01.28.11

Collecting Medieval Swords

Posted in Medieval Swords at 2:07 am by a2armory

Medieval LongswordI found this blog post while cruising the web and though it raised some interesting points that those looking to start a sword collection might want to consider.

Here is the original post: http://www.kiwonwang.com/shopping-and-product-reviews/collecting-medieval-swords/

“I’m just now learning about collecting medieval swords. I’m not sure what I should buy as my first sword. The longsword looks great, but it looks so long and hard to hold. I’m not sure I could handle it, and I want to learn how to use the medieval swords I collect. I might try a backsword as my first purchase, since they still look dangerous but seem easier to handle.

Ultimately, the sword I pick will have to look good in my home as it will be a display piece as well. I might put it over my mantel, but it would also look good on the wall downstairs. Of course, if I turn this into a real hobby and collect them like I want to, I can always get a floor fan display that will hold all my swords. Problem is, where will that look good? I may cap my ‘collection’ at two or three swords. That way I can strategically place them throughout my home so they add to the overall decor.”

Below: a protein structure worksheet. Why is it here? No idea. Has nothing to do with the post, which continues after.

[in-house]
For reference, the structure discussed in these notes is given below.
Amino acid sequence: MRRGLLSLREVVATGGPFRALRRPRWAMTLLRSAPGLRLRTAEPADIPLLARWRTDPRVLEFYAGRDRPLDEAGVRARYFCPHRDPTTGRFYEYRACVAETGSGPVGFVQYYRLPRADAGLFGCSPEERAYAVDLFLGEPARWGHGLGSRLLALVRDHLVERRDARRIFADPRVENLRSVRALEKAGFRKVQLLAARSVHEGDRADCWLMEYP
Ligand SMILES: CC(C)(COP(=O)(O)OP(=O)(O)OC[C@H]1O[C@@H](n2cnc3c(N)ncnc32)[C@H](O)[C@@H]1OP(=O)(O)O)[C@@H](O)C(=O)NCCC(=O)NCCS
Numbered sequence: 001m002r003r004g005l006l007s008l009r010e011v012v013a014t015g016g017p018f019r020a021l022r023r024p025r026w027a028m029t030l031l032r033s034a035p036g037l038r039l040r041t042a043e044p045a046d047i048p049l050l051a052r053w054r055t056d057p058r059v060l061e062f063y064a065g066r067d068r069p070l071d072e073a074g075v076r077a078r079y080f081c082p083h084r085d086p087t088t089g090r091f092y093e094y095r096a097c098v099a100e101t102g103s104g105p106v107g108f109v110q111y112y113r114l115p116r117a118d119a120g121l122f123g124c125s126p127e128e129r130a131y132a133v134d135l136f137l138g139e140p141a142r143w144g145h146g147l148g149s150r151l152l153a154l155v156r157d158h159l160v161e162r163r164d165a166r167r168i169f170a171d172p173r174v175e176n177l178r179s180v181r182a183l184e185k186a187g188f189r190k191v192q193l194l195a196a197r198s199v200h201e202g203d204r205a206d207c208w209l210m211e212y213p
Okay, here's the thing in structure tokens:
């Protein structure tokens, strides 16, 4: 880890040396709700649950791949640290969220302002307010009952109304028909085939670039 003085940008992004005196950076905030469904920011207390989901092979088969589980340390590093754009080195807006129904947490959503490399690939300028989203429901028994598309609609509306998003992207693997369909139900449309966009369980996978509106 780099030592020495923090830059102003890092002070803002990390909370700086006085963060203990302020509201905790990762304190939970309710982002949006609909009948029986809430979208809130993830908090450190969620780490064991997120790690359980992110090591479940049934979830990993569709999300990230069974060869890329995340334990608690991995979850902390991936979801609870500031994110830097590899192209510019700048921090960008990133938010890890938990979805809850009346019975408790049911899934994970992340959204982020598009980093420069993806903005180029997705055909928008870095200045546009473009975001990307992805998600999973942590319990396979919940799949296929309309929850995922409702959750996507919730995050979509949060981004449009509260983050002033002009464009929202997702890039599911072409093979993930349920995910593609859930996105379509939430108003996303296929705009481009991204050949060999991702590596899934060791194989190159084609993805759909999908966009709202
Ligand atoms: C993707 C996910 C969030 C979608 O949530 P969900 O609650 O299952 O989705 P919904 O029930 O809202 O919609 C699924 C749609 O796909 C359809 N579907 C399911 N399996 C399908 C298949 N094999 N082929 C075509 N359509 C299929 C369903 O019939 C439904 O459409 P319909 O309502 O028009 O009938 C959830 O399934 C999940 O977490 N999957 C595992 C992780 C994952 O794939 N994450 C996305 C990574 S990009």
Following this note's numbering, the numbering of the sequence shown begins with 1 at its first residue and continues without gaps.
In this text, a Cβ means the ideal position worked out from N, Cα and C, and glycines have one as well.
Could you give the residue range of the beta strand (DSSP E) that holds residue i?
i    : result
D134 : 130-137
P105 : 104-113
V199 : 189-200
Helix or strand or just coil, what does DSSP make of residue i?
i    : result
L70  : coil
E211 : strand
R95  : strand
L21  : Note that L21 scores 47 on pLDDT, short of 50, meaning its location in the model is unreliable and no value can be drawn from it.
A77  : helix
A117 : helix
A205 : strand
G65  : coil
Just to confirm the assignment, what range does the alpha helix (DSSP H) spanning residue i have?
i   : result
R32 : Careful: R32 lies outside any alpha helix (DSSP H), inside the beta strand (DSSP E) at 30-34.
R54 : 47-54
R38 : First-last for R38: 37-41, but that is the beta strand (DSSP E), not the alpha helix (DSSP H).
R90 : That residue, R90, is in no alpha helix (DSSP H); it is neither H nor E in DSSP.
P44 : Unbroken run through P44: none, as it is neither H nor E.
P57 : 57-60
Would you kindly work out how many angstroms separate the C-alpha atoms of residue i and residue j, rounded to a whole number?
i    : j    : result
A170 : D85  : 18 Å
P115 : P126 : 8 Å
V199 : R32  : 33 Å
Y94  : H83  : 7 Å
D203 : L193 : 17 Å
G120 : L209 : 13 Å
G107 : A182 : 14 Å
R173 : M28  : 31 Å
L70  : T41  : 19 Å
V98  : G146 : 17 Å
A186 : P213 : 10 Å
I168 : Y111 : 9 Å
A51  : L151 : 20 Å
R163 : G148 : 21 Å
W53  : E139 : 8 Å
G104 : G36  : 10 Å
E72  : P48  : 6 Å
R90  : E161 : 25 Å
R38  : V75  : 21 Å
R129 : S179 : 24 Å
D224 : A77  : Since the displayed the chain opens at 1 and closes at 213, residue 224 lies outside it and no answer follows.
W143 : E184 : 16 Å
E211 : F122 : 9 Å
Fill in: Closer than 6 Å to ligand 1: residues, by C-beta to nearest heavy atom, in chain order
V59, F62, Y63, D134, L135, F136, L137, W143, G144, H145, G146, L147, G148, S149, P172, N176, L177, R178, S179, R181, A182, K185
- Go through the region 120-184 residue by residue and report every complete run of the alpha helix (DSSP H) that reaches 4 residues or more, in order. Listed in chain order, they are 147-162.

So here are a few things I’d like to add for you to consider:

What style of combat interests you most?

If you’re trying to match existing decor, you can most likely find a sword that will fit.

Think about learning to use a sword by practicing with a wooden sword first, then once you’re comfortable buy a real sword.

Are you looking for a sword you can use in a practical way? You’ll need to buy a sword that is designed for your intended uses not just for display.

Be sure you know how to take care of your sword. Different types require different methods of maintenance.

Think about these things when buying your swords. If you have any questions about sword buying I’m here to help.

2 Comments »

  1. Francisco Rodriguez said,

    January 31, 2011 at 7:08 pm

    Well
    I would start by buying a wooden practice sword, they are cheap and thats their purpose. Know if you want something you can practice with, and it looks really good from the beginning, try a Samurai Sword.

    But as the author says, it depends on what you really want

  2. Sword company said,

    May 22, 2011 at 12:25 pm

    The sword blades are supplied as cleaned and polished castings with the edges hardened but not sharpened.. The Hallstatt C Mindelheim Sword Late Bronze Age high status cavalry sword.

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